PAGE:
An “action” is the output of an Uncanny Automator recipe. It’s what the plugin does after the trigger conditions have been satisfied. An action might include anything from sending an email to setting a tag in Infusionsoft to enrolling a user in a remedial course on an educational website.
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Adding Actions to your Recipe
To get started with a new action, choose the plugin that includes an action you want to trigger. If you want to send an email or perform another system task not associated with a plugin, choose WordPress. The integrations that are listed here will be different depending on what plugins Automator detects are installed (by plugin folder) and by whether or not the Pro version of the plugin is enabled.
After choosing a plugin, a list of available actions for that integration is displayed. Choose the action here that you want to execute after the trigger conditions are met. Any text in blue indicates that a variable needs to be populated in the next step (and in the case of emails being sent, a lot of conditions must be set). These blue values are called “tokens” and are explained more in the next section.
After choosing an action, any required conditions or variables can be set. If a value is needed, it will be displayed in a blue box in the action line. Click the blue box and enter appropriate values.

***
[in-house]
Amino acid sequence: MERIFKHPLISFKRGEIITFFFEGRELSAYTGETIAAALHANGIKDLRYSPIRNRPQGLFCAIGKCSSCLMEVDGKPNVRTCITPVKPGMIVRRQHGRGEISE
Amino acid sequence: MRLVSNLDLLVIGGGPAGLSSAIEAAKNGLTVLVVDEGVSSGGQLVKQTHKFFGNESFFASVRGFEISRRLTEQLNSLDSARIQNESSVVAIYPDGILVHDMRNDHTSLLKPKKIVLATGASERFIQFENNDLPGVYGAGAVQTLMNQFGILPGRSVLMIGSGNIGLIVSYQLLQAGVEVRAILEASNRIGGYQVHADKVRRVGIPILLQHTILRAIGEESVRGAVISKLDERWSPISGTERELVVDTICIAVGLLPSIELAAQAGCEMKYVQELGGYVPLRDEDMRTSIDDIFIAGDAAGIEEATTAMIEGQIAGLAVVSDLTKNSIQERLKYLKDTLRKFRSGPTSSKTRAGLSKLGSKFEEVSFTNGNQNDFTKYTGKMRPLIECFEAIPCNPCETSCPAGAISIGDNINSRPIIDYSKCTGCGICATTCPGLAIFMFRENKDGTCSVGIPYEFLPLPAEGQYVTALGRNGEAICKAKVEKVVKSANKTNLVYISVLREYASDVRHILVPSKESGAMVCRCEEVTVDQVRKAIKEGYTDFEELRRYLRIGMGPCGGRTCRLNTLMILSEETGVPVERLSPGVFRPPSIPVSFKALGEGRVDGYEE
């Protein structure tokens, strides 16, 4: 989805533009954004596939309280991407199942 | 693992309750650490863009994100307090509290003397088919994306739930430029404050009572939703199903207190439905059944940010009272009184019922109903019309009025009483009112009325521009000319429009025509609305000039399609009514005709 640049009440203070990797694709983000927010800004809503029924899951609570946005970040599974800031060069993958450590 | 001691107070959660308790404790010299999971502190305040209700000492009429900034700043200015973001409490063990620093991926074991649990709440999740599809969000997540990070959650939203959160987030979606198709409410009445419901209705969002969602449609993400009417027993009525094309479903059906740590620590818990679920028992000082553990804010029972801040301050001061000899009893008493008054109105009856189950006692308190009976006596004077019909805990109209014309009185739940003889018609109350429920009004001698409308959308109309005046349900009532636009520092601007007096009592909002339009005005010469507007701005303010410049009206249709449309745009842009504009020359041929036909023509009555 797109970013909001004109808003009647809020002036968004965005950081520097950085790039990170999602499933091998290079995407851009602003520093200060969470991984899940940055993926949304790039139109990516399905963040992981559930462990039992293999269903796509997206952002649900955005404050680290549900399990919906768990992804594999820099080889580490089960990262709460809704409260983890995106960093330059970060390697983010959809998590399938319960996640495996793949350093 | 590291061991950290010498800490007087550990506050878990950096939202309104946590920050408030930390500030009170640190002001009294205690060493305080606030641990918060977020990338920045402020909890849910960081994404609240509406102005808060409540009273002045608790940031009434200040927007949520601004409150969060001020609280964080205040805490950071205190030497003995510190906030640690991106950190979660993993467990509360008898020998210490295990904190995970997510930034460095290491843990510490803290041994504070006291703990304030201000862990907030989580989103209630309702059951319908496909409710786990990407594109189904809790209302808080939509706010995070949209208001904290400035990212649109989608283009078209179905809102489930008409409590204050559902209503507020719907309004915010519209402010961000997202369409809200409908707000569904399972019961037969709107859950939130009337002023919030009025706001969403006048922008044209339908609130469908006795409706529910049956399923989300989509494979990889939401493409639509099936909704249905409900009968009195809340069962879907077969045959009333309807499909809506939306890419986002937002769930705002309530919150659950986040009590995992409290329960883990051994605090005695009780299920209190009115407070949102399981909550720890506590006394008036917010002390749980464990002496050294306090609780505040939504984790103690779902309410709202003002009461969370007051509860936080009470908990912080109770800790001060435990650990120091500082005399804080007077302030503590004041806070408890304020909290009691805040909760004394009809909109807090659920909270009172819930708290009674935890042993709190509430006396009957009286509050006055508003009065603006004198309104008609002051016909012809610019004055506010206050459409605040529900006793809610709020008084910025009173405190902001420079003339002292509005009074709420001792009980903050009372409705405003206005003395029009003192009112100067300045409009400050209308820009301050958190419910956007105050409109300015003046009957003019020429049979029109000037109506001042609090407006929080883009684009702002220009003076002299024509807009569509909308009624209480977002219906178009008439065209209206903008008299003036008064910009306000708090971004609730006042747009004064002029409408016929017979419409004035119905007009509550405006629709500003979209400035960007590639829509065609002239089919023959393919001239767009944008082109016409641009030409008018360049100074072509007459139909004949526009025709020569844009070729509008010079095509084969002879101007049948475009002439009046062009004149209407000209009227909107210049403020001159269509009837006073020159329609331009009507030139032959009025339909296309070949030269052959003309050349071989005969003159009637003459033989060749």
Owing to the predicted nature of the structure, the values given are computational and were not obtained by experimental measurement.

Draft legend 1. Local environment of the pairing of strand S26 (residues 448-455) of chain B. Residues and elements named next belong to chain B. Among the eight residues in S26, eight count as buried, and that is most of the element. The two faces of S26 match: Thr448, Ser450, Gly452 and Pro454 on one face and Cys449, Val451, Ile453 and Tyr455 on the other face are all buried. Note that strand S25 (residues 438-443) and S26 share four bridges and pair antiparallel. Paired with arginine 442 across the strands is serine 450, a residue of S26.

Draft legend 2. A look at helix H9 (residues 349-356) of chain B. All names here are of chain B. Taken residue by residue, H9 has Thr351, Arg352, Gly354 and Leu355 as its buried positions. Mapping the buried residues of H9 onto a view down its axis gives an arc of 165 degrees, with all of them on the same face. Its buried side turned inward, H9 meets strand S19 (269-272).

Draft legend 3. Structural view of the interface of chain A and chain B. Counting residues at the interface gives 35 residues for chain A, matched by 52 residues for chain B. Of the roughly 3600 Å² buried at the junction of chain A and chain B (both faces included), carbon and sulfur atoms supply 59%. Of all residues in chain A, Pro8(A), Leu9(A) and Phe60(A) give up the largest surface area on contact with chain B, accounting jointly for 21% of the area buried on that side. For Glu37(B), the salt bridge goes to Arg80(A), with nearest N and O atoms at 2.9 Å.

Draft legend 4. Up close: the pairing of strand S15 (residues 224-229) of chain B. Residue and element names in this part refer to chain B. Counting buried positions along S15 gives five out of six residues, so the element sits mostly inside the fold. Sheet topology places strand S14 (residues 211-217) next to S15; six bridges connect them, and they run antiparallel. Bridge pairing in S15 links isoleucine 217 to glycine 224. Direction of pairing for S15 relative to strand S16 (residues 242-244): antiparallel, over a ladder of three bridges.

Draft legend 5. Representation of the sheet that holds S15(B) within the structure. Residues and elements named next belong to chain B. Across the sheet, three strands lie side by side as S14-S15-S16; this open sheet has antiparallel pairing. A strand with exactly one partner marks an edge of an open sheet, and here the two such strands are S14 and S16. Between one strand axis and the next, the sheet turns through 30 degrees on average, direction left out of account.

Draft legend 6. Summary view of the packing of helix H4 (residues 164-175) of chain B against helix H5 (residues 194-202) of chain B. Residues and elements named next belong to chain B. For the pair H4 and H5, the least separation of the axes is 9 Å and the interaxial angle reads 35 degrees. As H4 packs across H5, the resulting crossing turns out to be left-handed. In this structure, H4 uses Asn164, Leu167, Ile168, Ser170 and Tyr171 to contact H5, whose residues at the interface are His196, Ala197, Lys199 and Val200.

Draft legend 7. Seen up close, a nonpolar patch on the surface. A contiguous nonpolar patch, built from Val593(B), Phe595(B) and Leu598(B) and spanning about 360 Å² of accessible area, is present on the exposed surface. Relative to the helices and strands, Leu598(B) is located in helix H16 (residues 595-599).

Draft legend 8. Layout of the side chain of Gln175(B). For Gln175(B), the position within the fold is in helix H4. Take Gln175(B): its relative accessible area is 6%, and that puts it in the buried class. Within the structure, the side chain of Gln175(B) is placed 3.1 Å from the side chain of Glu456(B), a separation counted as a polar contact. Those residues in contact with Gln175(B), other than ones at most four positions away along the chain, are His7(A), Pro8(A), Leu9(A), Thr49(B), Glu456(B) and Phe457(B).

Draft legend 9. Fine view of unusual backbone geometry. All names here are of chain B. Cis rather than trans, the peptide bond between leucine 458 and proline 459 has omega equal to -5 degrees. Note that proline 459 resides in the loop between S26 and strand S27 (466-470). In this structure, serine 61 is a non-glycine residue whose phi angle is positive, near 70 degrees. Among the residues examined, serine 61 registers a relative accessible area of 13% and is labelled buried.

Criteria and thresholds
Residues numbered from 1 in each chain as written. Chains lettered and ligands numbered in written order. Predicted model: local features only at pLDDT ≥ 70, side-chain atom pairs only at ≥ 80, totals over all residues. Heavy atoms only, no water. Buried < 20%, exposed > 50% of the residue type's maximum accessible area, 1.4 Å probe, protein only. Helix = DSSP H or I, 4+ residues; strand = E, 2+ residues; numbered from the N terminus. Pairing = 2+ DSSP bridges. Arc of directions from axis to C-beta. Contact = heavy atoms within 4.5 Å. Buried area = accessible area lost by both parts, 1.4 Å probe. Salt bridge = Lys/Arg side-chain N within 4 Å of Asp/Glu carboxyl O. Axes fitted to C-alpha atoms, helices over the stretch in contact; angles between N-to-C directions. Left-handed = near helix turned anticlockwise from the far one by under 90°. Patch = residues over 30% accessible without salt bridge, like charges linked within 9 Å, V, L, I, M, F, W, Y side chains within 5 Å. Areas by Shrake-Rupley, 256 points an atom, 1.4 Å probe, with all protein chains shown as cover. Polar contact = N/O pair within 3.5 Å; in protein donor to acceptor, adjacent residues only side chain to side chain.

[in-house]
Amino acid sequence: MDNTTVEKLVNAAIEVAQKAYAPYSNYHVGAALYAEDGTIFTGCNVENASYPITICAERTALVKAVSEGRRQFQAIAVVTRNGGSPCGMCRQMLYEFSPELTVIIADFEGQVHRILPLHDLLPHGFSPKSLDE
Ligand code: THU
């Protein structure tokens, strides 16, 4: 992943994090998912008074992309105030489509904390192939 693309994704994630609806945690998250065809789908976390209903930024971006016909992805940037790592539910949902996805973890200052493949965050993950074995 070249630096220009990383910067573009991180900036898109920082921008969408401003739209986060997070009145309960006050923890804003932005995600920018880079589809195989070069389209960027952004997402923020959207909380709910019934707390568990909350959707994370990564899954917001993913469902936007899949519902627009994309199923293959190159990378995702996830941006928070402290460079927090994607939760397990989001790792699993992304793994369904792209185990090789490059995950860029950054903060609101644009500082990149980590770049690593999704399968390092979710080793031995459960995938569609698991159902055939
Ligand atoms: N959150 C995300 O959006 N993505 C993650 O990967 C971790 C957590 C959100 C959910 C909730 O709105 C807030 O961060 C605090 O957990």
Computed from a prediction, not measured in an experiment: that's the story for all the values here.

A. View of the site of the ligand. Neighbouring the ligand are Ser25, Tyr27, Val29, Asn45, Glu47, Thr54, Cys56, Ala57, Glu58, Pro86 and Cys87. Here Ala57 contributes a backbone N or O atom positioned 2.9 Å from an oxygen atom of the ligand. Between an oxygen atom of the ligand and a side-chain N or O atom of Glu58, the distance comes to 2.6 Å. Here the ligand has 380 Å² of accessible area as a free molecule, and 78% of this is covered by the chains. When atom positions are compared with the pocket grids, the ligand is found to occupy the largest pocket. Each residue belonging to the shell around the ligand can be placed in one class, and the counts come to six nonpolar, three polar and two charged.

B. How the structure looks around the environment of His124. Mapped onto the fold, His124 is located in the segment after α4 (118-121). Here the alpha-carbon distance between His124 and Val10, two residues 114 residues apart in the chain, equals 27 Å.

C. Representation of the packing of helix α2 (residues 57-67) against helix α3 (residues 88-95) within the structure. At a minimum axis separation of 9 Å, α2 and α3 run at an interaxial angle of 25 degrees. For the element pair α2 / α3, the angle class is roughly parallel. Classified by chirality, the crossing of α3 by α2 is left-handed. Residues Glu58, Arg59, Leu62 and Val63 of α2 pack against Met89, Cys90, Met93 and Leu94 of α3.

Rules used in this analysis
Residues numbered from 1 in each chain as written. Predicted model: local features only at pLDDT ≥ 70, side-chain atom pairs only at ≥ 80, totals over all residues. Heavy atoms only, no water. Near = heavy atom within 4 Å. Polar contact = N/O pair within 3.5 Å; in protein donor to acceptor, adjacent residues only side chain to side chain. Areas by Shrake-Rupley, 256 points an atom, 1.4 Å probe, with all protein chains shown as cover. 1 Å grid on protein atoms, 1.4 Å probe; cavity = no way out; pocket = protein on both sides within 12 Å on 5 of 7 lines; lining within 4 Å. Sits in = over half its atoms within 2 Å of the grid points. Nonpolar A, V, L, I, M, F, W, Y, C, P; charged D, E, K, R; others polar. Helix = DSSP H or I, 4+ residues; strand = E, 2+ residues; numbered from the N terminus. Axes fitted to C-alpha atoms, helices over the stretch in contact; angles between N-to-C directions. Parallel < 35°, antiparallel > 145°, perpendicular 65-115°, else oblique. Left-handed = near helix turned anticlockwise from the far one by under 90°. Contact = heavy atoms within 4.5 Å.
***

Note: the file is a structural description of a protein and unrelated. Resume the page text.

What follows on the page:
Using tokens in actions
Some actions include the ability retrieve personal details and other variables from the WordPress database. We call these variables “tokens” in the Automator plugin. In the example above, you can see how the email fields can optionally include things like the admin email address for the site or the user’s email address. Since you will want to personalize recipes and the user experience across the site, these tokens allow significant customizations in your recipes and ensure that recipes are very flexible. Using tokens is highly recommended for emails in particular.
The list of available tokens depends on what triggers are included in a recipe. If the recipe includes a form submission as a trigger, for example, we make tokens available for things like the form name and the contents of form fields. This allows you to pass data from triggers into actions, like including a user’s job title that was captured in a registration form available in an email sent to the site admin about a new user.